Alongside the sophistication of the structures, the sumptuous palette of foliage is like a chromatic ‘symphony’ in which yellows, oranges, and reds mingle with soft and deep greens. In a spellbinding way, these golden, flamboyant colours contrast with brown, almost black, hues.


In their imaginary herbarium, Wu Yumo and Zhang Zeyangping also use broken, damaged leaves to create cracks. They don’t hesitate in showing all the signs of the fragility of nature; cracks, flaws and faults which reflect the fragile balance of threatened biodiversity. 

As an ode to the passing of time, the two artists chose the cyanotype technique to pay tribute to nature. The mysterious flair of this creative process makes it inestimably valuable. In the digital age, Wu Yumo and Zhang Zeyangping prefer this ancient method that connects us to the tangible, at the expense of incessant, timebound expectations. The prospect of ideal light conditions and the surprising revelation of the image invite us to cultivate patience and accept the unexpected.


Nurturing the nostalgia of our memories, this monochrome printing mode allows them to capture, from the pre-coated leaves of photosensitive materials, the imprint of the collected plants on a Prussian blue background with old-fashioned charm. They make their herbarium ‘plates’ in photogram, by placing the collected leaves, flowers, and seeds directly on to the photosensitized surface, only sometimes deliberately retaining a random trace. Beyond the technical aspects, the artists have opted for cyanotypes because they change our view of what surrounds us, freezing what usually escapes our eyes in a multitude of bluish shades. Driven by the poetry that naturally animates them, they highlight the wonderful details to which we do not always pay attention.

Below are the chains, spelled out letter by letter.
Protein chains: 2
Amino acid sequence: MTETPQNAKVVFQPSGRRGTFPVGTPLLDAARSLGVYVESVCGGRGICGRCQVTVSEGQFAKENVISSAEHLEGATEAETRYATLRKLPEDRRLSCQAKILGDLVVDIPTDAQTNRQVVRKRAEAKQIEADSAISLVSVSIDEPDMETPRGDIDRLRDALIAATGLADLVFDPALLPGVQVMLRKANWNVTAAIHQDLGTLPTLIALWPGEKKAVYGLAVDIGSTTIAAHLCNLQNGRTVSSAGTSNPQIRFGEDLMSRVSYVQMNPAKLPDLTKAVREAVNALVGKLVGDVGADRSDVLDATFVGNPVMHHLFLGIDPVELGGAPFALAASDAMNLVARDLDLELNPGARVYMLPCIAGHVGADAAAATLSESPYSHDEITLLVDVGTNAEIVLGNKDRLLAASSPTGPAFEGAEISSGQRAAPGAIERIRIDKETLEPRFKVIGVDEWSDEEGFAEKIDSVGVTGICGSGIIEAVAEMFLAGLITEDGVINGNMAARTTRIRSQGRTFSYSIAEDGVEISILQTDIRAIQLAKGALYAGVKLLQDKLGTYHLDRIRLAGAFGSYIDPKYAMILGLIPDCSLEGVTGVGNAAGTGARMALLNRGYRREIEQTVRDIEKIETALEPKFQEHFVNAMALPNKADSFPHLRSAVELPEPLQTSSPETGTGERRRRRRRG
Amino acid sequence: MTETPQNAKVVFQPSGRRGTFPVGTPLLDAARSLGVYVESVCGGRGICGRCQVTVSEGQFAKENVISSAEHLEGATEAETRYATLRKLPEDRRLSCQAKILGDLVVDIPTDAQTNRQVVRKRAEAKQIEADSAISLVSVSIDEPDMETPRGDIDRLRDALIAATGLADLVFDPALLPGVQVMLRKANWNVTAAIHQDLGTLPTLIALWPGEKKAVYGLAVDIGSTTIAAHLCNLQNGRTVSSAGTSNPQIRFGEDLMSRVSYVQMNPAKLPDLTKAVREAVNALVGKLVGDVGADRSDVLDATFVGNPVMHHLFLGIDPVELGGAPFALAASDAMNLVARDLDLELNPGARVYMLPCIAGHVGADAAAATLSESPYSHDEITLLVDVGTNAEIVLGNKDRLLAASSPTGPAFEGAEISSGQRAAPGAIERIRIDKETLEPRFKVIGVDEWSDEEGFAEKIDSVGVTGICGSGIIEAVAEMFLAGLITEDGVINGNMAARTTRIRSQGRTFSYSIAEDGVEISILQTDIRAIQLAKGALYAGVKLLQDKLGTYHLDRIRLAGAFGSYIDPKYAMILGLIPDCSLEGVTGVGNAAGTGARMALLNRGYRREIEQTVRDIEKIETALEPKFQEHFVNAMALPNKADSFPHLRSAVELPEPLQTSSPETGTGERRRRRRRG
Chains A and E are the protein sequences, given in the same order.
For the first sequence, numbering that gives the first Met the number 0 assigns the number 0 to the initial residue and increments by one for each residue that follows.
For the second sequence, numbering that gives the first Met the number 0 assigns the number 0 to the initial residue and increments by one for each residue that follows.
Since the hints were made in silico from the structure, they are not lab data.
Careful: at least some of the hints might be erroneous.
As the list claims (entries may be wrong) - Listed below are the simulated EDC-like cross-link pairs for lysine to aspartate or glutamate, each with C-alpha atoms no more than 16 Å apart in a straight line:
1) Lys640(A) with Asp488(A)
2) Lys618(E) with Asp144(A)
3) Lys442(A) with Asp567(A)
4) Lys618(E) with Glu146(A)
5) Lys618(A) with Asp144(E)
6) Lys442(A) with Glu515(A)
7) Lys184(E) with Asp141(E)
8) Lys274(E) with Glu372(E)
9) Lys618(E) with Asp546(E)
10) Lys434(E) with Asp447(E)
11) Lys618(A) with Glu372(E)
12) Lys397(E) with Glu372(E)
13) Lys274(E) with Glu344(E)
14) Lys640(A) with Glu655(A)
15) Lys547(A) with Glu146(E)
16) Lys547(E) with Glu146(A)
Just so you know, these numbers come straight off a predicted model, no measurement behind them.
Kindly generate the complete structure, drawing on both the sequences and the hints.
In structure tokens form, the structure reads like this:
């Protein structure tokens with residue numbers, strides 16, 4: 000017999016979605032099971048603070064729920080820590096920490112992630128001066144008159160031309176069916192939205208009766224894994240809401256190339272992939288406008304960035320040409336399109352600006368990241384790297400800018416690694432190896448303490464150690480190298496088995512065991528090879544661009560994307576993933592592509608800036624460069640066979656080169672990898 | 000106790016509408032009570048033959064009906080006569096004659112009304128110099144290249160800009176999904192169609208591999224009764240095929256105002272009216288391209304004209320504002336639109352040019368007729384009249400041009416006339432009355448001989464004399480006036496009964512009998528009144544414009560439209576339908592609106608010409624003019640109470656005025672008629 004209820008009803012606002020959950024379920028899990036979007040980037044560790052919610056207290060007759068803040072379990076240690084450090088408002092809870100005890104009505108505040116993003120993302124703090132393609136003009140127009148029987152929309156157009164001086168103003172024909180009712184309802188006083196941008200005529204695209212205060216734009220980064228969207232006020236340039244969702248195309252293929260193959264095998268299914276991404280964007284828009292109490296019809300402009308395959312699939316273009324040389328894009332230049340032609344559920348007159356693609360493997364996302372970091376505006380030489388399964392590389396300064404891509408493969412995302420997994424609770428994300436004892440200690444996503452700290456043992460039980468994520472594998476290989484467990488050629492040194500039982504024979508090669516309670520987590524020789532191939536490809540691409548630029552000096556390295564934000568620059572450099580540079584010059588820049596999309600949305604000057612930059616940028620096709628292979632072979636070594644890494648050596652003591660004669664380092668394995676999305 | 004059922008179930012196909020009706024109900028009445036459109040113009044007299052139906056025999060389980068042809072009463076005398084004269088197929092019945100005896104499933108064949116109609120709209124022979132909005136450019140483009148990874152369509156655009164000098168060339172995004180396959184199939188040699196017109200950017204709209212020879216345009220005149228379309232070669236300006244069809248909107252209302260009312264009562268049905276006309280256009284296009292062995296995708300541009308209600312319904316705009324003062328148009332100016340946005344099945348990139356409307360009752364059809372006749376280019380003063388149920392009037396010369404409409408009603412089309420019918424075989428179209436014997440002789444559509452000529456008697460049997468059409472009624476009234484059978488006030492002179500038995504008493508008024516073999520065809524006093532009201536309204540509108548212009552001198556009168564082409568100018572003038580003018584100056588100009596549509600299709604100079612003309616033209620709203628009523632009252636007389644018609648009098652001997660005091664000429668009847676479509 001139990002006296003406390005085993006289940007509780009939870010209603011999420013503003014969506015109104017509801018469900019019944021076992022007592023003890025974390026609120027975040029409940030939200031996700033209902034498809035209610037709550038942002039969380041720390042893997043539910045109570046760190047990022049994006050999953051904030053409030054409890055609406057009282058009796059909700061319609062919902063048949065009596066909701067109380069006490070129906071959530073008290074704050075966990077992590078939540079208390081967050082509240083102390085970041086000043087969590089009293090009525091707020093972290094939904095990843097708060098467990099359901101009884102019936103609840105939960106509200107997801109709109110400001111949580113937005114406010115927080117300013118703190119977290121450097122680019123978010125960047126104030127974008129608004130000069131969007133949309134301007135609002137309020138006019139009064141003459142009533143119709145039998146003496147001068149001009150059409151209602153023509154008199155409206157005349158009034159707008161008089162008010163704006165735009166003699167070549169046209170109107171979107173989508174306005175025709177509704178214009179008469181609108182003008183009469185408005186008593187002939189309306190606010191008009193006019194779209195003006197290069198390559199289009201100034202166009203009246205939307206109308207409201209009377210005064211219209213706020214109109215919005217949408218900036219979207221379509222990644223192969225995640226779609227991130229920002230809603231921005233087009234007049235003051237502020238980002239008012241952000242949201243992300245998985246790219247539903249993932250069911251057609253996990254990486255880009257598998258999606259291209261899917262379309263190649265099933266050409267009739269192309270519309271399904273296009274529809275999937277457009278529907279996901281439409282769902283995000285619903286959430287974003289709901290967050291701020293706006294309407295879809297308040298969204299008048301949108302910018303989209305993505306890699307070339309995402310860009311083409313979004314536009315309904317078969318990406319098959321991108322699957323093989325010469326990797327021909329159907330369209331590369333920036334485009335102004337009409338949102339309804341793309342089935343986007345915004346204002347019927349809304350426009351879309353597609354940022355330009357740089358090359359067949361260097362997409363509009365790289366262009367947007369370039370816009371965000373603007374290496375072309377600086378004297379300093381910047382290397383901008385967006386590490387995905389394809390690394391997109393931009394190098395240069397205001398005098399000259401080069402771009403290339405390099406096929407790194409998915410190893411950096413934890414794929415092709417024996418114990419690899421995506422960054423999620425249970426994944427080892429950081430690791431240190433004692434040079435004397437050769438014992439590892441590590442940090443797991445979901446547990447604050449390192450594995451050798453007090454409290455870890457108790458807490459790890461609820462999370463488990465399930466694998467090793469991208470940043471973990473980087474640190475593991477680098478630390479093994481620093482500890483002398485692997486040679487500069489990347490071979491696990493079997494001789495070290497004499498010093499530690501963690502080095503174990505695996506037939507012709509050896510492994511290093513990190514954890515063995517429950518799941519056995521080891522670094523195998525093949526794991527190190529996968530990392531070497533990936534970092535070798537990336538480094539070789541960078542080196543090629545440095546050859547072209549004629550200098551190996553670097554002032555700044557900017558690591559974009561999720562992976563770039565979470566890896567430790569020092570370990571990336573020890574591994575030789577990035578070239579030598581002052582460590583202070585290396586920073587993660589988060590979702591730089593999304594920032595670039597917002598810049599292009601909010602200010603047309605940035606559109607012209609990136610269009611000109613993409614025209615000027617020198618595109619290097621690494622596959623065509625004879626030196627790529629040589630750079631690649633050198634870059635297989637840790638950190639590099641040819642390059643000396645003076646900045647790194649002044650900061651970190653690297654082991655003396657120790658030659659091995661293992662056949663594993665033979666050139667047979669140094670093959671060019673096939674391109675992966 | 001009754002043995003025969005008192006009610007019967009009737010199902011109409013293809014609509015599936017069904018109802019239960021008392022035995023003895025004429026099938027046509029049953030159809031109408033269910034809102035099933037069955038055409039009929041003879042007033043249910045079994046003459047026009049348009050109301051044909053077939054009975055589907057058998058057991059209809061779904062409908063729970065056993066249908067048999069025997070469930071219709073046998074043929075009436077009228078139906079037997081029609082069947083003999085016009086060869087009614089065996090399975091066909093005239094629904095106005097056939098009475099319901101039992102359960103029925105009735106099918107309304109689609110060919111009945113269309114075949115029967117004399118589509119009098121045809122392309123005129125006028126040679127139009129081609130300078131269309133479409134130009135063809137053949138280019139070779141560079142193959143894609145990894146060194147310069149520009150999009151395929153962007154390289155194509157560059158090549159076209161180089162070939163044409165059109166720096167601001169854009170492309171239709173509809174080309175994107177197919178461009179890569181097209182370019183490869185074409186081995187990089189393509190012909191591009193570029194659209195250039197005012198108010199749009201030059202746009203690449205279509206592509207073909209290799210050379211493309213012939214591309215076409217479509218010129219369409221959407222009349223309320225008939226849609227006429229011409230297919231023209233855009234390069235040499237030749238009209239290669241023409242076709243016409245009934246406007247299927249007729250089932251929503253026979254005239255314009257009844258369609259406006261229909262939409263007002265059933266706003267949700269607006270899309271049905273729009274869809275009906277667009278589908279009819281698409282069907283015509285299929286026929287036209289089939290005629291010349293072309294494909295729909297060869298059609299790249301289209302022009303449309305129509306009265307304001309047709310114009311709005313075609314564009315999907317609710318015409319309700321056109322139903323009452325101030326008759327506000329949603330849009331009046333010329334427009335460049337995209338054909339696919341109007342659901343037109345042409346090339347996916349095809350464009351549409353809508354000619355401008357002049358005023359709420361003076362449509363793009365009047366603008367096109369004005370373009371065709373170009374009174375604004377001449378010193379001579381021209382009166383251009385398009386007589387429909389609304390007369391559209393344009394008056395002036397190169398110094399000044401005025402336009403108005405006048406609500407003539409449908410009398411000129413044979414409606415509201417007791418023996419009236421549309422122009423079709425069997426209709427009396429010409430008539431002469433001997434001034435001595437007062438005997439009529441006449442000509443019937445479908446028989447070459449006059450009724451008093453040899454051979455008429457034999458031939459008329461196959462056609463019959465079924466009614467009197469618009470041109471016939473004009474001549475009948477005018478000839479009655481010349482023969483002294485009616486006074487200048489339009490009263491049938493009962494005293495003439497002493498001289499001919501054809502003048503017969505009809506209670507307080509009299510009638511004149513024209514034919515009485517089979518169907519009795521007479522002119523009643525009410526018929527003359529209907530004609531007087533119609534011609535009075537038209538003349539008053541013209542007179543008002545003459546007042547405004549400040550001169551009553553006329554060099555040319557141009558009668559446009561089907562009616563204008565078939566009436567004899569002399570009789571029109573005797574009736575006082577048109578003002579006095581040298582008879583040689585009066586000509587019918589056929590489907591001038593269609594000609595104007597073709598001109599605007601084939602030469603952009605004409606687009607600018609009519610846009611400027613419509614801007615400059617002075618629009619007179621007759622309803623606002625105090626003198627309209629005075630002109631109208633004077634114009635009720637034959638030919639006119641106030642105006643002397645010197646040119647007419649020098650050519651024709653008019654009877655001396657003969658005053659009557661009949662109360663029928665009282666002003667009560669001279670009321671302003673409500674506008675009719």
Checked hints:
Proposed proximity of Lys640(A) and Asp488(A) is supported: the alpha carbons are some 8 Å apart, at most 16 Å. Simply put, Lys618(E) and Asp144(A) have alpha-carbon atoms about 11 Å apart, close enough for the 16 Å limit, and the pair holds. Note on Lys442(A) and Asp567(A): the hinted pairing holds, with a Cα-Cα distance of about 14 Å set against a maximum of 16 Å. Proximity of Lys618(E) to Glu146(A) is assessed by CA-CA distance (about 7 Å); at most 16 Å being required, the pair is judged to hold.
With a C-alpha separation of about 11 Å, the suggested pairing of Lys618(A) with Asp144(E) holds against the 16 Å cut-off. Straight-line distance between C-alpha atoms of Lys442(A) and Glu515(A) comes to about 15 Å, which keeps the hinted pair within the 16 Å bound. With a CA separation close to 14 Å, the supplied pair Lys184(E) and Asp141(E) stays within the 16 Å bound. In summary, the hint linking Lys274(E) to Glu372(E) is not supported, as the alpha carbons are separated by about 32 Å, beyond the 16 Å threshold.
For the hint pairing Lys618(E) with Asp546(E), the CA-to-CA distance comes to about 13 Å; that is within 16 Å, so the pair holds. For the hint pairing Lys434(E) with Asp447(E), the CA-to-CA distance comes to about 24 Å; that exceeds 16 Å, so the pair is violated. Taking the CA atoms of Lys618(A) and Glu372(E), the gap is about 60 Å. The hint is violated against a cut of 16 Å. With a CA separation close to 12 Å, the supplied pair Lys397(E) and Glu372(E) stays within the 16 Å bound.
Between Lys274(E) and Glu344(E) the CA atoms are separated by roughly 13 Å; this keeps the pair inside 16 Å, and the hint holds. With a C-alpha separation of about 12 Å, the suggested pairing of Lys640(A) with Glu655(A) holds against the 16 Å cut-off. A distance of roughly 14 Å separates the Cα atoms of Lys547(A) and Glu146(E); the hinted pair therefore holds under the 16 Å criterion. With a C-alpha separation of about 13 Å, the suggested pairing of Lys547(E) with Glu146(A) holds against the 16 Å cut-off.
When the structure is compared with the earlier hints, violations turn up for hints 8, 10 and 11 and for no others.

By positioning themselves as closely as possible to the substance and natural structures, Wu Yumo and Zhang Zeyangping also developed the practice of rubbing, an expression of a physical experience immersed in the green realm. This treatment, applied to the different leaves (ferns, etc.) or bark marked with irregular reliefs, allows us to see the fluidity of the sap which flows with strength, materializing the power of nature. Their footprints taken from the heart of the plant keep in memory this vital phenomenon. They thus maintain a sensual relationship with the world and their environment, like Giuseppe Penone, as if they wanted to restore the sensation of touching the landscape as intimately as possible.


Convinced that the experience of nature offers the ideal space to rethink man's relationship with the world and to art, Wu Yumo and Zhang Zeyangping restore the importance to listen to the plant kingdom, considering it as a living being we must take care of with the greatest respect.


Julia Hountou
Doctor in History of Art and Exhibition Curator